Internal Revenue Bulletin: 2017-6
February 6, 2017
Federal rates; adjusted federal rates; adjusted federal long-term rate and the long-term exempt rate. For purposes of sections 382, 642, 1274, 1288, 7872, and other sections of the Code, tables setforth the rates for February 2017.
This revenue procedure provides safe harbor conditions under which a management contract does not result in private business use of property financed with governmental tax-exempt bonds under section 141(b) of the Internal Revenue Code or cause the modified private business use test for property financed with qualified 501(c)(3) bonds under section 145(a)(2)(B) to be met.
This notice provides that the hardship exemption from the individual shared responsibility payment under § 5000A, described by the Department of Health and Human Services, for an individual who is not enrolled in health insurance coverage that qualifies for the health coverage tax credit (HCTC) allowed by § 35 for one more months between July 2016 and December 2016, but who would have been eligible for the HCTC under § 35 if enrolled, may be claimed on a Federal income tax return without obtaining a hardship exemption certification from the Marketplace.
This revenue procedure updates the agreements entered into by withholding foreign partnerships (WPs) and withholding foreign trusts (WTs), as provided in Revenue Procedure 2014–47. These agreements were to expire on December 31, 2016, but were extended in Revenue Procedure 2017–15 in anticipation of the new agreements being issued in January 2017. This revenue procedure will apply to WP and WT agreements effective on or after the date of issuance of this revenue procedure. The WP and WT agreements are updated consistent with recently published guidance, including the qualified intermediary withholding agreement, which was published in Revenue Procedure 2017–15. The revenue procedure also provides information on submitting an application or request for renewal of a WP or WT agreement.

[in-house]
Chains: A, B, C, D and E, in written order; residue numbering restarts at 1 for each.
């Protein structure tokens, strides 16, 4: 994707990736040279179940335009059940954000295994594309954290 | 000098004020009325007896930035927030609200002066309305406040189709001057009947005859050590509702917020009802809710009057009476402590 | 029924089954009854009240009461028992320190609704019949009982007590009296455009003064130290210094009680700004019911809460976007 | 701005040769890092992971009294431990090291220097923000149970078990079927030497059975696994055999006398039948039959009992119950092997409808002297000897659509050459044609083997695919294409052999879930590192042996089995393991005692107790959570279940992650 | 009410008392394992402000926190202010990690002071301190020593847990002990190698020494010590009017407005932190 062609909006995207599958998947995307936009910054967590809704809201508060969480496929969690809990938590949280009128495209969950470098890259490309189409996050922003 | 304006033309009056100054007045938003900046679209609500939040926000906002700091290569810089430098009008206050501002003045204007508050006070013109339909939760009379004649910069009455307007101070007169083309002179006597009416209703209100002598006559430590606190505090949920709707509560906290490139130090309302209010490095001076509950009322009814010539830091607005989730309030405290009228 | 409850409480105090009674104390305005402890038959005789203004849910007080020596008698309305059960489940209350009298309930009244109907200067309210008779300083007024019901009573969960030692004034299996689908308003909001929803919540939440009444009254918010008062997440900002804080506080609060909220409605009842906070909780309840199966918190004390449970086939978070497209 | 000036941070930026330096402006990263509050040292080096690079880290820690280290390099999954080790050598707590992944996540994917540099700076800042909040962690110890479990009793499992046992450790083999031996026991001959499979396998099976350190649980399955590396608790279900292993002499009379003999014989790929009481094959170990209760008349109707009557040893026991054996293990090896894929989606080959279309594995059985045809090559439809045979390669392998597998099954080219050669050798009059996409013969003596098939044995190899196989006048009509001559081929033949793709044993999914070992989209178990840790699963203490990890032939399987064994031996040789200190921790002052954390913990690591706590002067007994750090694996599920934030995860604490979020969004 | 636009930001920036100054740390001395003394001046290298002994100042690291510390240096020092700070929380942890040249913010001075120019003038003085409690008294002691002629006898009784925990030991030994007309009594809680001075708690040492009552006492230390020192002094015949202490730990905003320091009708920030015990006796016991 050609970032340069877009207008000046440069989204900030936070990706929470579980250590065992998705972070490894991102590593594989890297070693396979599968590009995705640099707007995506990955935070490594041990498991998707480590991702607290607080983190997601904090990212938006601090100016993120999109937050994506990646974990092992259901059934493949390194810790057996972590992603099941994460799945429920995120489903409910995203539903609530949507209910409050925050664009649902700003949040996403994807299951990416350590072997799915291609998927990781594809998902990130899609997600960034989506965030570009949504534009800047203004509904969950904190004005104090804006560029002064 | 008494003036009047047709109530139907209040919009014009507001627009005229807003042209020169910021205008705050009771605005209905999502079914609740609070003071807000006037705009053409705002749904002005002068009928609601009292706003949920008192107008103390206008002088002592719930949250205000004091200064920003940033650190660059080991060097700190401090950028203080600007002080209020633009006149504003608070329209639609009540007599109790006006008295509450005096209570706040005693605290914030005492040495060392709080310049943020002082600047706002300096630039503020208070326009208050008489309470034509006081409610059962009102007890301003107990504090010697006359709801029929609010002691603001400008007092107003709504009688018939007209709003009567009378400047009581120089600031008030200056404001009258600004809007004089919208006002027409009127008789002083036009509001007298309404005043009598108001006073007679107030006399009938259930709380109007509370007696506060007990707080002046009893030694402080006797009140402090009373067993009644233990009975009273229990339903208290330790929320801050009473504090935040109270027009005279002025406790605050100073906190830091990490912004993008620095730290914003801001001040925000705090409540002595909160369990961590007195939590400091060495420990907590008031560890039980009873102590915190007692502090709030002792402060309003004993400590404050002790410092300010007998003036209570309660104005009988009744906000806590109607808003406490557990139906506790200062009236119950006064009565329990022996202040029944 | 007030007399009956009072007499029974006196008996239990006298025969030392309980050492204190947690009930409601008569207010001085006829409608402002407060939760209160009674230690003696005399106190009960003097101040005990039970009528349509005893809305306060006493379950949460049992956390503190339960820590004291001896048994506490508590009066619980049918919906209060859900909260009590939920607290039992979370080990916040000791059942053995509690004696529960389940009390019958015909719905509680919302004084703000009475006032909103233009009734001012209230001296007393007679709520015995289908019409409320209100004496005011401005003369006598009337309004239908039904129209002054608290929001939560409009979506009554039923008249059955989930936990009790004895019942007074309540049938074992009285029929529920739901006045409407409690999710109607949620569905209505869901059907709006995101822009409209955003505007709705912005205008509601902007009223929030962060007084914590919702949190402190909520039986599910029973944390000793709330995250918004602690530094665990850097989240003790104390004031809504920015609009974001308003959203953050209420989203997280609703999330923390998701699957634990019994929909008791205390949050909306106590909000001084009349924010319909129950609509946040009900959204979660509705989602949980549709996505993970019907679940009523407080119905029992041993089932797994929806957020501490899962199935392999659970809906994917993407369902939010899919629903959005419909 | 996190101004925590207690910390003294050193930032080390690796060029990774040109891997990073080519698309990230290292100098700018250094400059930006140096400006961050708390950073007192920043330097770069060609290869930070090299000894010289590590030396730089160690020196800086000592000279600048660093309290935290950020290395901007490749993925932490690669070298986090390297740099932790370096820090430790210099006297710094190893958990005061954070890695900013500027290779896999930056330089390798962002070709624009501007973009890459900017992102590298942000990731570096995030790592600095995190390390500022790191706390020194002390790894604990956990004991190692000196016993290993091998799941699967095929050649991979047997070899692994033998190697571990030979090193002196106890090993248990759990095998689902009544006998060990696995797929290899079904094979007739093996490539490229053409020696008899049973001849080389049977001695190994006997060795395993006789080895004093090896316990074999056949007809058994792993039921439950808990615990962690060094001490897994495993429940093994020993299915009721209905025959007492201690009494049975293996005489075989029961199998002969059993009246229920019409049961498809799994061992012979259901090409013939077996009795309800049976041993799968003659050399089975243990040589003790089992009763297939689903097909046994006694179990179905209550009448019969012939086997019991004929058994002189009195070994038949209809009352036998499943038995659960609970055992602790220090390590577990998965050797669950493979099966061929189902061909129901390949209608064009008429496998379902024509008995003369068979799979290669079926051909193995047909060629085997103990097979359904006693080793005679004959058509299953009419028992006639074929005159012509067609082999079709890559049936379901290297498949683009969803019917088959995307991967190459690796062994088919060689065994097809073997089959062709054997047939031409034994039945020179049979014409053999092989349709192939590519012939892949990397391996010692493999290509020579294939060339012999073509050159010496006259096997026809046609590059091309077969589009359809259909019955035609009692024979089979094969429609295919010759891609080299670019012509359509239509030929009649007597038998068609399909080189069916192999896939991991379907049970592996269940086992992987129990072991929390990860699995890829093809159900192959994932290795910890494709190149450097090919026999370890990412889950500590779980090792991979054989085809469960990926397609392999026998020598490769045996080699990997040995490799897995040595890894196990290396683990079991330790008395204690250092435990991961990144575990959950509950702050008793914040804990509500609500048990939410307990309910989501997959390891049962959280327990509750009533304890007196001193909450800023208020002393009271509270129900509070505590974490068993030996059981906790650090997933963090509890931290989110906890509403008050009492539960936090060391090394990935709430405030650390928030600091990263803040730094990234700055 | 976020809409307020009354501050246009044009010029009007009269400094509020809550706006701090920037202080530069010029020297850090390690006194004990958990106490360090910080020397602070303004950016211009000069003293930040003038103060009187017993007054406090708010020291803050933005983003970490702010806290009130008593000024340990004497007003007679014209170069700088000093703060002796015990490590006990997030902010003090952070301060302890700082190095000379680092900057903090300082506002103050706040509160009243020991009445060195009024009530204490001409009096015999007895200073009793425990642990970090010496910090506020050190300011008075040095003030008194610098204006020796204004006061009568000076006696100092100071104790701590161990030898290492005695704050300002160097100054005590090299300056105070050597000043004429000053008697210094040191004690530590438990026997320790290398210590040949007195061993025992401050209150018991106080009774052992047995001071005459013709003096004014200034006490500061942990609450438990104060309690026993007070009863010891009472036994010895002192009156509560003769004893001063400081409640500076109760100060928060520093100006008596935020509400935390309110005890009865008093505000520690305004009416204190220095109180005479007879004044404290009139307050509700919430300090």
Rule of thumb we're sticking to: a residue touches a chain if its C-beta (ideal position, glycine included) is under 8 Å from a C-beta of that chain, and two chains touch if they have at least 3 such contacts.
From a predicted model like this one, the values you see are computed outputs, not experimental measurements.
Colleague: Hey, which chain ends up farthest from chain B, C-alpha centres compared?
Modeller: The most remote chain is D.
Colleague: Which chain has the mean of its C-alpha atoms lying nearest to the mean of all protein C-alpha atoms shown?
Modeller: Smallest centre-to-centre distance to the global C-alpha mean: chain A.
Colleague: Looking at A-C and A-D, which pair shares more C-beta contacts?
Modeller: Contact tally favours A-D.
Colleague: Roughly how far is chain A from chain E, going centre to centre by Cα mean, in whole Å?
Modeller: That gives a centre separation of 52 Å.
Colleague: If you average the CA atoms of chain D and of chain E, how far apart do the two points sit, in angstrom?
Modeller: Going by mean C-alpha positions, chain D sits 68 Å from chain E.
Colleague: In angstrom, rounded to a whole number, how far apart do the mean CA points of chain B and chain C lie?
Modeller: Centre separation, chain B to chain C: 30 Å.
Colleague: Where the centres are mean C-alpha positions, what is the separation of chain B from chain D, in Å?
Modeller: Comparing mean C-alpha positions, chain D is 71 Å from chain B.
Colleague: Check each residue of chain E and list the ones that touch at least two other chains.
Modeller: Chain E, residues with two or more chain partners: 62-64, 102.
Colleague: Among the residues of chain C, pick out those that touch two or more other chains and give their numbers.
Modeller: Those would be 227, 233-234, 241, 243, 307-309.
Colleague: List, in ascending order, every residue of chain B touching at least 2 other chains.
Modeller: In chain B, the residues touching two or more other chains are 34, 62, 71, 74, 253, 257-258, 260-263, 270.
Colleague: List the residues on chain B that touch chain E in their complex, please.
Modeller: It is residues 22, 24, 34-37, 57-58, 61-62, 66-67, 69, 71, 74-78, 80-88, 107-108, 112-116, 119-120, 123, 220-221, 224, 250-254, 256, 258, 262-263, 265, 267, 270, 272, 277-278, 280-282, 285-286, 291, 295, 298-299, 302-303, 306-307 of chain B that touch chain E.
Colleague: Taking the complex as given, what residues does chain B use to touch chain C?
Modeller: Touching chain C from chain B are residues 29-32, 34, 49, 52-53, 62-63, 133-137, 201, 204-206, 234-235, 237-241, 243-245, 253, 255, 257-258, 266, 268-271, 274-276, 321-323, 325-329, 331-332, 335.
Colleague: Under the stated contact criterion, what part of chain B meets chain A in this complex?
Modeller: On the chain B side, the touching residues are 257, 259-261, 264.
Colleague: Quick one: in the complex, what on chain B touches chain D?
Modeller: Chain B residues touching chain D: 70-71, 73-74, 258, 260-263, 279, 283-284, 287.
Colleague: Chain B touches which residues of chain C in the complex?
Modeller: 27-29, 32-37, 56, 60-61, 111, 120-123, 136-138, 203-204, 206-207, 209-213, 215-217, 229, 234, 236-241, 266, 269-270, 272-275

In general, S corporations, regulated investment companies (“RICs”), and real estate investment trusts (“REITs”) are not taxed at the corporate level (in the case of S corporations) or rarely incur corporate-level tax (in the case of RICs and REITs). An exception to this general rule occurs when an S corporation, a RIC, or a REIT disposes of certain property previously held by a C corporation within a specified period of time, known as the “recognition period.” The length of the recognition period for S corporations is provided by statute, while the length of the recognition period for RICs and REITs is provided by regulations. These final regulations will conform the length of the recognition period for RICs and REITs to the length of the recognition period for S corporations.
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